"The idea that a digital organ is somehow nontraditional amounts to nothing more than basically a rather ignorant, arms-folded, 1960s Fulbright Scholar/Eastman School of Music, sort of stiff-upper-lip approach to thinking that the organ has to be only wood and metal."
Organist Cameron Carpenter, who performs this weekend with the Minnesota Orchestra, has a lot of opinions on organs, especially digital ones, and particularly the digital one that he conceived.
"Anybody who's going to take me to task for playing a digital organ is welcome to do so," he says with more than a hint of defiance, "but they'd better jolly come fully prepared with a working knowledge of the mathematical texts on these matters, particularly The Fractal Geometry of Nature, by Benoit Mandelbrot."
He argues, persuasively, that the pipe organ is not just a musical or aesthetic triumph, but a technological one: "If, for instance, computers eventually take over the world in some way as a lot of very smart people think that they will the organ will have played a role in that. The organ plays and has played a role in the fact that we are communicating via satellite right now!"
Carpenter's background isn't one you'd assume an organist would have. Born in 1981 into a nonmusical family ("my father lived his entire life without being able to tell the difference between Bach and Leonard Bernstein"), as a boy, he saw a picture of an organ in a Childcraft Encyclopedia and immediately took a fancy to the idea of controlling a console. He earned a bachelor's and a master's degree at Juilliard before embarking on a career as a solo organist.
His obsession with organ mechanics, combined with a desire to perform on a single instrument, led him to build the groundbreaking International Touring Organ. According to his website, the ITO's goal is no less than to establish "the digital organ as an instrument of artistic significance."
The ITO's voice was created by recording samples from various beloved pipe organs, Wurlitzers and more. The end result is a digital instrument that combines traditional sounds with revolutionary potential and portability. The organ made its debut in 2014. Now Carpenter travels the world with the ITO, along with its truck and truck driver. Carpenter works as head engineer.
"I can scale it to the venue," he says. "I can revoice it with a keystroke. I can substitute voices in the organ, for others or for new voices that we sample along the way. I can and do continually change, develop and experiment with the organ. So it's essentially a kind of mobile conceptual laboratory."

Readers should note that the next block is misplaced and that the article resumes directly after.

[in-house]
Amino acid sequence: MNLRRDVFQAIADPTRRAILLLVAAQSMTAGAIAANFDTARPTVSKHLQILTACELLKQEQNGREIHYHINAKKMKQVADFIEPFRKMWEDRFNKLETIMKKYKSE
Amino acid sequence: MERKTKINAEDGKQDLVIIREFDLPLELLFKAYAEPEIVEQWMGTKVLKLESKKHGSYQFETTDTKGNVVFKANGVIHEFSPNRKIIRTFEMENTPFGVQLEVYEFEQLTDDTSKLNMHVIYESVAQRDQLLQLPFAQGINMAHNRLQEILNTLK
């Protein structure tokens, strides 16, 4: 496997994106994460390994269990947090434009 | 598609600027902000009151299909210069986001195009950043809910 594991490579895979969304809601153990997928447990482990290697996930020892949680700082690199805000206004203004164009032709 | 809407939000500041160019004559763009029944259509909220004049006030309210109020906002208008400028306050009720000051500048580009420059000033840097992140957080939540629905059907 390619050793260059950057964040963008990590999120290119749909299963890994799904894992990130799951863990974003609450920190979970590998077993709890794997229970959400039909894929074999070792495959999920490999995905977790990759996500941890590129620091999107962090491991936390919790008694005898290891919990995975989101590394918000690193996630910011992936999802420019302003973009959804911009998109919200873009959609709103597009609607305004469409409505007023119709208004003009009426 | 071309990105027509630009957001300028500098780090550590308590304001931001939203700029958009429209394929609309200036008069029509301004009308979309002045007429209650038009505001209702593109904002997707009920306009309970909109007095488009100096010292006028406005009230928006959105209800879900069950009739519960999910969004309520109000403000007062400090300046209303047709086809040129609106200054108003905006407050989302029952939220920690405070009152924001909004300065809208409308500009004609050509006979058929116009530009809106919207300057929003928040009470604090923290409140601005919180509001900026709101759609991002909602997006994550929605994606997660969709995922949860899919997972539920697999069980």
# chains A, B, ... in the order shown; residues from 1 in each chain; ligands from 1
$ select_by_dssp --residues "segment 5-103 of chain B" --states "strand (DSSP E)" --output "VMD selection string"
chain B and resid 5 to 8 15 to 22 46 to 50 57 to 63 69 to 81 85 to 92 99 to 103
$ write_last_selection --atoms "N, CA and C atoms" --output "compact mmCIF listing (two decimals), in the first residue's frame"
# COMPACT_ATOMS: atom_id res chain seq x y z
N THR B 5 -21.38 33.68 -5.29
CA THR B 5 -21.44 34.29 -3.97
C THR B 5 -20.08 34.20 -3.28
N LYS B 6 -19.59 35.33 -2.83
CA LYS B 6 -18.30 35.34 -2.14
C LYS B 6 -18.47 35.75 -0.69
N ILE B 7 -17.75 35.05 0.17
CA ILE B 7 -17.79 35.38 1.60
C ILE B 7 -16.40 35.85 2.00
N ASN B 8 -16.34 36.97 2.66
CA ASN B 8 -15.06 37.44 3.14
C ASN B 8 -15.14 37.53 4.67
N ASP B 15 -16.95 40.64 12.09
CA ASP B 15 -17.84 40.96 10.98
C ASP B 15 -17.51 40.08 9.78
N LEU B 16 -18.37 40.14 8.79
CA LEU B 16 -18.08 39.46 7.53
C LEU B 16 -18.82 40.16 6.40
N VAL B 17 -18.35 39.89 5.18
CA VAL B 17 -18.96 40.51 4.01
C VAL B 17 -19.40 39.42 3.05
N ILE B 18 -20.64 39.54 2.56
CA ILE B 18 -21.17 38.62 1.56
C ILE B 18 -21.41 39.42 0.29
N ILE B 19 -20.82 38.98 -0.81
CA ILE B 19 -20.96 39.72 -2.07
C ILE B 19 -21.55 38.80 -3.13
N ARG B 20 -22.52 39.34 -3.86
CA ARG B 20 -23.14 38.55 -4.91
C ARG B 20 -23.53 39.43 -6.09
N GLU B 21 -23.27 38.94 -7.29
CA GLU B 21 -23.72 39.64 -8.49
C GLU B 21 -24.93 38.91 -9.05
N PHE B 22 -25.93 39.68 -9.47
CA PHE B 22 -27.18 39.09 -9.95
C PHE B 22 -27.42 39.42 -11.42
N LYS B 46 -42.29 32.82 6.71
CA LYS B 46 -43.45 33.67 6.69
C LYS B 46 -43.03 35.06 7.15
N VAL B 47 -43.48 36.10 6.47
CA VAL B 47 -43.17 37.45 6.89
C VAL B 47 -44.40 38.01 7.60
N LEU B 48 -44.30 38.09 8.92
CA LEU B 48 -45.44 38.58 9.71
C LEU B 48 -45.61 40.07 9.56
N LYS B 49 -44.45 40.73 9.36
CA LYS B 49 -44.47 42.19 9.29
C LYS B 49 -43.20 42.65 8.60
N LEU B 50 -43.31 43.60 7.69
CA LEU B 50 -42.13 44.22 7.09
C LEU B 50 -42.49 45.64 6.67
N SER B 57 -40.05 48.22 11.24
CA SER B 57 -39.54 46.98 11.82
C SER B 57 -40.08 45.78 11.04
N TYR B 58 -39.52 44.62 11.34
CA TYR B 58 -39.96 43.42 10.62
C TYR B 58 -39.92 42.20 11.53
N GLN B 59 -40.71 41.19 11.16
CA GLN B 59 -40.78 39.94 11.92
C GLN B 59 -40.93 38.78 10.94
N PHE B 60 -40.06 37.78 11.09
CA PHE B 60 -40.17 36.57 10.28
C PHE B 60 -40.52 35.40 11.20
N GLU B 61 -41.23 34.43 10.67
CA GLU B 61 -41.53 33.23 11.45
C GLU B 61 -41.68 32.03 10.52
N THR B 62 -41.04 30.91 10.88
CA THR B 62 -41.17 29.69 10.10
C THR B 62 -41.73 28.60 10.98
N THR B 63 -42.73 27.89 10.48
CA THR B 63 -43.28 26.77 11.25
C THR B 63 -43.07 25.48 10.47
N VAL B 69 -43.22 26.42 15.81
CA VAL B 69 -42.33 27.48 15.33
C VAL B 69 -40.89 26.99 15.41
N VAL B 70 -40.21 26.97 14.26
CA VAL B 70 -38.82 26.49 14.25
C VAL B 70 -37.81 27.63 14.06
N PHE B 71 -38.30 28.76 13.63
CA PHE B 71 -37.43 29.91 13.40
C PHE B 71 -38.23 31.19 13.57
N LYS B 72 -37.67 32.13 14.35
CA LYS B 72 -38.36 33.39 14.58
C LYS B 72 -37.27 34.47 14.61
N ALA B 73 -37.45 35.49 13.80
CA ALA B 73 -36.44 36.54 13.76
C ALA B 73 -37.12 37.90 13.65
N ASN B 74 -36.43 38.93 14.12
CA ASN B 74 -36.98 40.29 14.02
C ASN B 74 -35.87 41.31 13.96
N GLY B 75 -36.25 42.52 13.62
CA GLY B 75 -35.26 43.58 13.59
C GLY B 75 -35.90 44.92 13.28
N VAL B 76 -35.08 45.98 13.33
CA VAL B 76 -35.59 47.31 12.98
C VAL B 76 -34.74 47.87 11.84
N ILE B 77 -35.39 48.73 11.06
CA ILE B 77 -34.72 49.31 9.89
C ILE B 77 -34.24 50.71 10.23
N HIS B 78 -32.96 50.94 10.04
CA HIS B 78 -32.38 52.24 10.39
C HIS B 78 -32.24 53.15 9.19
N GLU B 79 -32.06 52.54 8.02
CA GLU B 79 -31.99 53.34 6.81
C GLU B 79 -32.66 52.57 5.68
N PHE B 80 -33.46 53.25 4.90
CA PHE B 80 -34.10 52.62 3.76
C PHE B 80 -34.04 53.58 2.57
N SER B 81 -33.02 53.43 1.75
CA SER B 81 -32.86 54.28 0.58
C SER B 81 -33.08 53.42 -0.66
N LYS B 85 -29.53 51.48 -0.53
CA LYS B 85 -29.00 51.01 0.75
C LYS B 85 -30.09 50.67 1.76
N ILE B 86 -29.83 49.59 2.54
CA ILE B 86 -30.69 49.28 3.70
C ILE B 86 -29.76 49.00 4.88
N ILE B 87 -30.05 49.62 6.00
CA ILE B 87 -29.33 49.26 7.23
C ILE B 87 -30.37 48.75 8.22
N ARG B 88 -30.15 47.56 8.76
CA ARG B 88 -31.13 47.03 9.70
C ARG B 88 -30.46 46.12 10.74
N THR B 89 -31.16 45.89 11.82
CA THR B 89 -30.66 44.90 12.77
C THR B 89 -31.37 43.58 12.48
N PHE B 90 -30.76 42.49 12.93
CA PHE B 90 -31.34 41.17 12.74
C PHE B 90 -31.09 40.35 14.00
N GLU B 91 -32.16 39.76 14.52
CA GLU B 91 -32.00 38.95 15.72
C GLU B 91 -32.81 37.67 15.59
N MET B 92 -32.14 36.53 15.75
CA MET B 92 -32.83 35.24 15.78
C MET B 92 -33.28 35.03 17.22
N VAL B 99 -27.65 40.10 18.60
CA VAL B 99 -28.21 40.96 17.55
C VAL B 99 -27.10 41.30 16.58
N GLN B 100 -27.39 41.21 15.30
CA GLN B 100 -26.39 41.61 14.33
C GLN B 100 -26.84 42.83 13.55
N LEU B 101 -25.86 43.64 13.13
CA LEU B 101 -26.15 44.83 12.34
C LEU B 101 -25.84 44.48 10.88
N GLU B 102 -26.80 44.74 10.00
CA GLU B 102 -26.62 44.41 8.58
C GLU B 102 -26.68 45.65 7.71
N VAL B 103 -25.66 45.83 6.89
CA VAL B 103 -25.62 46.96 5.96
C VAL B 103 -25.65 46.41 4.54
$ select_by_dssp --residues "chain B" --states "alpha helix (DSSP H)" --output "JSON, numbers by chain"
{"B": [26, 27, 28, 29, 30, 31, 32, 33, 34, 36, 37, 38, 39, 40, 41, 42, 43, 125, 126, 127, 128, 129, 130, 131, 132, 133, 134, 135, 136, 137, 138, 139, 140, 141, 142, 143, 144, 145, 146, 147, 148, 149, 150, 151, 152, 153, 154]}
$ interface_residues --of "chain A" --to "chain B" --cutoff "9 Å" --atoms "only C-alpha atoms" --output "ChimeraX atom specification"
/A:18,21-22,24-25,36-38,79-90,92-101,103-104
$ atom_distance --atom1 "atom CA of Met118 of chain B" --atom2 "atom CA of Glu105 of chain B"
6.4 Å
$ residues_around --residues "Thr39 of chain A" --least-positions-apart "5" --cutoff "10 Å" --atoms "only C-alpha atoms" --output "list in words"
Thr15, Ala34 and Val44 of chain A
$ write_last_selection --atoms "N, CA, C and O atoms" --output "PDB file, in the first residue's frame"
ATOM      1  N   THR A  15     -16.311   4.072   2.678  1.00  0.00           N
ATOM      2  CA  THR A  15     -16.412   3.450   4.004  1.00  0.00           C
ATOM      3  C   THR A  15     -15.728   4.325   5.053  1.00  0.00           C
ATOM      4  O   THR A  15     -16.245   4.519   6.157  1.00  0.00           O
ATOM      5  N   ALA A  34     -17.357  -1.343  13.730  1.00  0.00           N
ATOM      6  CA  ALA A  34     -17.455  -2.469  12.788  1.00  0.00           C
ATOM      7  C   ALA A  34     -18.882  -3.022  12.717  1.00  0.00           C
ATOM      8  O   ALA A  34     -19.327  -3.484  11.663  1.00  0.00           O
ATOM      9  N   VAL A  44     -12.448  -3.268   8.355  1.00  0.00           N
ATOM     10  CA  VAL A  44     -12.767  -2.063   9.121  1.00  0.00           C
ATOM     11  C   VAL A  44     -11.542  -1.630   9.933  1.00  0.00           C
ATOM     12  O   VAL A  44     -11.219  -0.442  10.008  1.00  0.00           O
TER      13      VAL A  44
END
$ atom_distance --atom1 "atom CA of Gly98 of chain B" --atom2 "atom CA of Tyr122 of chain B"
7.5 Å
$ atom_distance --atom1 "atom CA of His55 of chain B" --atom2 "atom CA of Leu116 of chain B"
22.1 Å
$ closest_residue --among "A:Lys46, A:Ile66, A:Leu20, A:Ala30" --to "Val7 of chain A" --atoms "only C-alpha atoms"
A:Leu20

In Minnesota, he will be taking to the ITO to perform his transcription of Rachmaninoff's Rhapsody on a Theme of Paganini, originally written in 1934 for piano and orchestra.
Why, of all pieces, adapt this particular one? Carpenter rattles off the reasons and expounds on each in detail.
"There isn't one single thing that has to be changed in the orchestra part." Therefore orchestras even regional ones know the score right out of the gate.
"All the conductors know it; all the young conductors know it."
"Audiences love it."
"You just can't go wrong with Rachmaninoff from a sales standpoint."
"It's episodic, and episodic music is highly suited to the organ, because the organ's ability to change color in a nonabstract way makes it in some ways an instrument with which it's easier to telegraph musical ideas."
And, lastly, bluntly, he just happens to "love" the piece.
"I certainly could have commissioned a work or transcribed a newer work," he acknowledges. "But the reality is, I have very little patience for new music. I have yet to hear a single piece of new music that can tell me to want to play it, actually. And that's no disrespect to my many composer friends. But I simply don't find much new music to be of comparable quality."
Carpenter is hopeful that his nontraditional approach to the king of instruments will help draw new audiences.
"The idea that the organ in its incredible algebraic sequentiality should be hidden in the church behind the faux painted pipes and gilded cherubs designed by gay men of the 17th and 18th centuries is one of the cultural ironies of all time," he muses.
He envisions a broader future for the instrument in which "musically uninitiated" listeners (his "priority" as a performer, he says) separate the organ from its cultural baggage and fall in love with it as deeply as he has.
His parting shot: "Does its history essentially end with a whisper and with the ignominy of being kicked out of churches for guitar-strumming morons bleating about God? Or, in fact, is it something else?"
Spoiler alert: Carpenter believes the organ's future is something else.
Concert infoCameron Carpenter performs Rachmaninoff's Rhapsody on a Theme of Paganini with the Minnesota Orchestra at 8 p.m. Friday, April 20, and Saturday, April 21. Also on the program with guest conductor Klaus Mäkelä is Mussorgsky's Prelude to Khovanshchina and Shostakovich's Symphony No. 5.
Hear the entire concert live Friday night on Classical MPR.